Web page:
Sufi music is a Sufi-influenced genre that is sometimes inspired Sufi poets. This genre is typically used to express devotion to God, but it can also be used to strengthen the connection between the listener’s physical and spiritual selves. During special ceremonies, many Sufi orders perform this style of music in a variety of sub-genres. Other orders, on the other hand, believe that this music should be prohibited because it is a distraction from prayer.
The qawwali sub-genre of Sufi music, which originated in India and Pakistan, is one of the most well-known. This style is traditionally divided into four sections: hamd, naat, and manqabat, all of which are devotional songs, and ghazals, which are usually expressions of a desire to be near the divine. The aesthetic appeal of qawwali contributes to its popularity. Many musicians who perform this style of Sufi music place a premium on vocal purity and strength, skipping over the devotional material and straight into the ghazal songs on occasion.
The kafi sub-genre is another popular sub-genre. This style is known as classical, and it is usually derived from famous poets’ poetic verses. Though the fervor with which kafi is delivered is similar to that of qawwali, the two forms differ in execution. While qawwali music may feature a larger ensemble, kafi music typically features a few percussion instruments, a keyboard, and a single vocalist.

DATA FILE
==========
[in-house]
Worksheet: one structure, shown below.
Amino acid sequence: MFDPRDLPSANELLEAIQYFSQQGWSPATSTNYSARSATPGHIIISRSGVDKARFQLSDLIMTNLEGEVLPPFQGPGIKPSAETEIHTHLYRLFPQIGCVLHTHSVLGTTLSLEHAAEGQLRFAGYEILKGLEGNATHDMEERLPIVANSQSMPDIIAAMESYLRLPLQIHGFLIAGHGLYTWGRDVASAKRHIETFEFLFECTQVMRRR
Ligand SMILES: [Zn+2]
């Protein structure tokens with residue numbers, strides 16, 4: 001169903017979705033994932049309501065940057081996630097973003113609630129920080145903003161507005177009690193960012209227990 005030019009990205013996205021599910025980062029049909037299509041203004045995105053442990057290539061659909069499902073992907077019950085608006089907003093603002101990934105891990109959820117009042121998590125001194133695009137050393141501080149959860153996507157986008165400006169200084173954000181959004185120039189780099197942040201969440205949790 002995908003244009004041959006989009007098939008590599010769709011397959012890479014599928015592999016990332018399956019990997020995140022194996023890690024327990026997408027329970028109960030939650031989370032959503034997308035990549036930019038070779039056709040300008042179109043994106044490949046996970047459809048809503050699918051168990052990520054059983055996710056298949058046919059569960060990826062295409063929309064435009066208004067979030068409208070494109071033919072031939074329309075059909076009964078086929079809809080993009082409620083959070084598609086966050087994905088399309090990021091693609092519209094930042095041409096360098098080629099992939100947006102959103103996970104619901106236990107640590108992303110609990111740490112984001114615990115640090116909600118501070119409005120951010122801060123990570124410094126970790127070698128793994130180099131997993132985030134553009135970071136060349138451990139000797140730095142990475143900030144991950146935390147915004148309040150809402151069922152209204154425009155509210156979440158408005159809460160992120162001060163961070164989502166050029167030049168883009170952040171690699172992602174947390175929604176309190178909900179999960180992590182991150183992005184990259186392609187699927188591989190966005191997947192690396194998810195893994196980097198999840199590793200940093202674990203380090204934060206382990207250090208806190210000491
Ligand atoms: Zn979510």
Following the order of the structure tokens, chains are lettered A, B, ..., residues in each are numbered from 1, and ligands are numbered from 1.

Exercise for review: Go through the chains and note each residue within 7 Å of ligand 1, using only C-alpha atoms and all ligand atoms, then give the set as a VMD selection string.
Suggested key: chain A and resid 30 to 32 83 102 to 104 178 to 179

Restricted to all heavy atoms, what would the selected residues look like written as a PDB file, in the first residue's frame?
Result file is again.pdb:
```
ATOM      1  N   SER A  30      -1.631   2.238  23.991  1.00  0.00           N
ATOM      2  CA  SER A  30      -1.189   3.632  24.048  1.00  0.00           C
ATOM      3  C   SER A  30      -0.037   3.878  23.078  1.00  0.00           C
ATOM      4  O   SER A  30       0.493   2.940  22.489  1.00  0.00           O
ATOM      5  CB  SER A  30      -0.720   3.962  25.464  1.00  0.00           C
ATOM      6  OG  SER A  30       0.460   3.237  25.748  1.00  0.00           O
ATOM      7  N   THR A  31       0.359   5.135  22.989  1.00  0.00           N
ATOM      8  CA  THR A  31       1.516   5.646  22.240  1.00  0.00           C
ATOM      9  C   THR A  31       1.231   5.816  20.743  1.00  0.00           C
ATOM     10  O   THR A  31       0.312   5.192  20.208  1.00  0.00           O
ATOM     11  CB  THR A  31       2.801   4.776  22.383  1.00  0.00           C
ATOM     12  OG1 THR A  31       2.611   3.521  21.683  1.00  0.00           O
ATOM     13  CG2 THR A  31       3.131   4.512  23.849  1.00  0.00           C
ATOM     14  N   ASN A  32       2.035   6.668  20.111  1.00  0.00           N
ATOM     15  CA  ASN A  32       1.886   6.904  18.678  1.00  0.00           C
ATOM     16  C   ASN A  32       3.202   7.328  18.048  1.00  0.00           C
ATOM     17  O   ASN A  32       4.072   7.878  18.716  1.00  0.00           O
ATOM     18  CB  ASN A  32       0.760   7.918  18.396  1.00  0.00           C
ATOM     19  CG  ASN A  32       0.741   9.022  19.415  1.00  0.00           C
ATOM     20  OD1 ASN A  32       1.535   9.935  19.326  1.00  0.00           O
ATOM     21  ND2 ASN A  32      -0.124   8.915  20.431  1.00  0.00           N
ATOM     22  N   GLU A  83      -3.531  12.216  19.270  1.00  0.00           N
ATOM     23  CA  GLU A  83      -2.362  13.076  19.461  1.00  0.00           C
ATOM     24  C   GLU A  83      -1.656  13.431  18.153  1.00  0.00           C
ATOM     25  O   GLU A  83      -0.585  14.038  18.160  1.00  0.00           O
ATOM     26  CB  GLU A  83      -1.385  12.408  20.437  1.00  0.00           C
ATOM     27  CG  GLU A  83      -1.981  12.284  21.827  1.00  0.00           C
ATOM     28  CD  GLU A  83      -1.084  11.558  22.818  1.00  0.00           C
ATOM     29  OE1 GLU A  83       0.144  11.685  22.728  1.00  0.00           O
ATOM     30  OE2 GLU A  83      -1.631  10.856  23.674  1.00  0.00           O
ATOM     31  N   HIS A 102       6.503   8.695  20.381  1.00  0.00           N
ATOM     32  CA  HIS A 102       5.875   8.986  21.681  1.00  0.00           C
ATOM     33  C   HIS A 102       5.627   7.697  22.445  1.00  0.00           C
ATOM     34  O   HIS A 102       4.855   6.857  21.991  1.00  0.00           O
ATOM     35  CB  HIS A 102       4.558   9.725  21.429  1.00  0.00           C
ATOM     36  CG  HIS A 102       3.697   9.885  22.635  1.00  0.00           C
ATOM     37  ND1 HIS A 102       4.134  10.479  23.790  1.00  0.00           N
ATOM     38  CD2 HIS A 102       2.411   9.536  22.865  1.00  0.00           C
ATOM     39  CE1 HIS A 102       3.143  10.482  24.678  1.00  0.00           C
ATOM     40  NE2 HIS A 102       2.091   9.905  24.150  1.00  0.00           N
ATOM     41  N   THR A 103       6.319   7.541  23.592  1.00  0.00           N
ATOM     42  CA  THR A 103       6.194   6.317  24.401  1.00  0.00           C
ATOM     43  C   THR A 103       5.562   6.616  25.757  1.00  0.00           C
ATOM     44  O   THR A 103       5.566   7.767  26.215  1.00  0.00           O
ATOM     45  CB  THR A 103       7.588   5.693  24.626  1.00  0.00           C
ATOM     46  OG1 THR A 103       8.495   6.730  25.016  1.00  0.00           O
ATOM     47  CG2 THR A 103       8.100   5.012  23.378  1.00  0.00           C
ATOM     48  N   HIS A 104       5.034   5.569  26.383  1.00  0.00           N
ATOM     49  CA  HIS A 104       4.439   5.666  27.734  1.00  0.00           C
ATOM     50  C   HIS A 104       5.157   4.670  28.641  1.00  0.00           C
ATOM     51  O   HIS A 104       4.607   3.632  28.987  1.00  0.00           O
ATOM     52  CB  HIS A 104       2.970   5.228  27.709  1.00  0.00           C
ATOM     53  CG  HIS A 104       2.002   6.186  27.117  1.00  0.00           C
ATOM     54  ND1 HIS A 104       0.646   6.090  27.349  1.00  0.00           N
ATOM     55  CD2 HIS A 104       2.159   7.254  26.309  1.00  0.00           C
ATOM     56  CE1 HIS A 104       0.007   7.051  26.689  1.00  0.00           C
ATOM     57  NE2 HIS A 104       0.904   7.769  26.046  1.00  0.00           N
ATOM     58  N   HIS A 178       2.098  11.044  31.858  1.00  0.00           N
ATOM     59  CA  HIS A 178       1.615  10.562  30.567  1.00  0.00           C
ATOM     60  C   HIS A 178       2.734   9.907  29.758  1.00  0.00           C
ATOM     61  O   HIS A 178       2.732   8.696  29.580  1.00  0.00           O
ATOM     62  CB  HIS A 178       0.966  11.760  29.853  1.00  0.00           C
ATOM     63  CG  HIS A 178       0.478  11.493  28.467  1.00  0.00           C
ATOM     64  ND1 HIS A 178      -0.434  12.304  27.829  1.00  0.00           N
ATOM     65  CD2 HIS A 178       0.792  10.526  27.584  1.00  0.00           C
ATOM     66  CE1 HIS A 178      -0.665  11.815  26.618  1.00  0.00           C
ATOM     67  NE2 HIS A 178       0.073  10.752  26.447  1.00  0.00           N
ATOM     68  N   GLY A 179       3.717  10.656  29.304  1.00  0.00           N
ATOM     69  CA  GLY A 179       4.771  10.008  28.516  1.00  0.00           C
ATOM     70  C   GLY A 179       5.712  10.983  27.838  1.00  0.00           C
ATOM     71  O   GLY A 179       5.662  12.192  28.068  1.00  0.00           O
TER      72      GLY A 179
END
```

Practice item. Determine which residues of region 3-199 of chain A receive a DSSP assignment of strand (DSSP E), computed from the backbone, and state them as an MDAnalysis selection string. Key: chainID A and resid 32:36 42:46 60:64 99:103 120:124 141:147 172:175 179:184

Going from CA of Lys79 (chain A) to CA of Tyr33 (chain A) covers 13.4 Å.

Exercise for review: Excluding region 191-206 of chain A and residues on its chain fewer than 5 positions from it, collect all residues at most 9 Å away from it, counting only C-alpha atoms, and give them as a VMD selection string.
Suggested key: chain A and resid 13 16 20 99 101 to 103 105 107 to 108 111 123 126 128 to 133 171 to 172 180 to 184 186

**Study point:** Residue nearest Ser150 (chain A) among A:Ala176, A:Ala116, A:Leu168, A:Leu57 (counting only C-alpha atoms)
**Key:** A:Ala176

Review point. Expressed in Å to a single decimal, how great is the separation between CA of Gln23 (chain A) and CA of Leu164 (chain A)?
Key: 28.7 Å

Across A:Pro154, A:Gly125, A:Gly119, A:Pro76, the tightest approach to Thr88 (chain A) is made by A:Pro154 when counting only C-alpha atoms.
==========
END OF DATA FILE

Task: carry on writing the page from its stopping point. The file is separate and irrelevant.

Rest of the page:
Sufi music is occasionally performed in public for the enjoyment of passers-by, but it is typically reserved for important ceremonies. The Sama ceremony, which is frequently associated with the whirling dervish, or Mevlevi, order, is one of the more well-known of these ceremonies. The Sama ceremony includes singing and music, but it may also include music performed with flutes, tambourines, and bells.
Despite the fact that the majority of Sufi devotional music is written in a classical style, some artists have developed a more contemporary approach. Nadeem F. Paracha, a controversial Pakistani journalist, coined the term “Sufi rock” in the early 1990s. This style typically combines rock music with traditional rhythms, as well as poetry well-known Sufi poets. Despite the fact that many Sufi rock artists sing in Punjabi, Turkish, or Urdu, others may also translate their lyrics into English.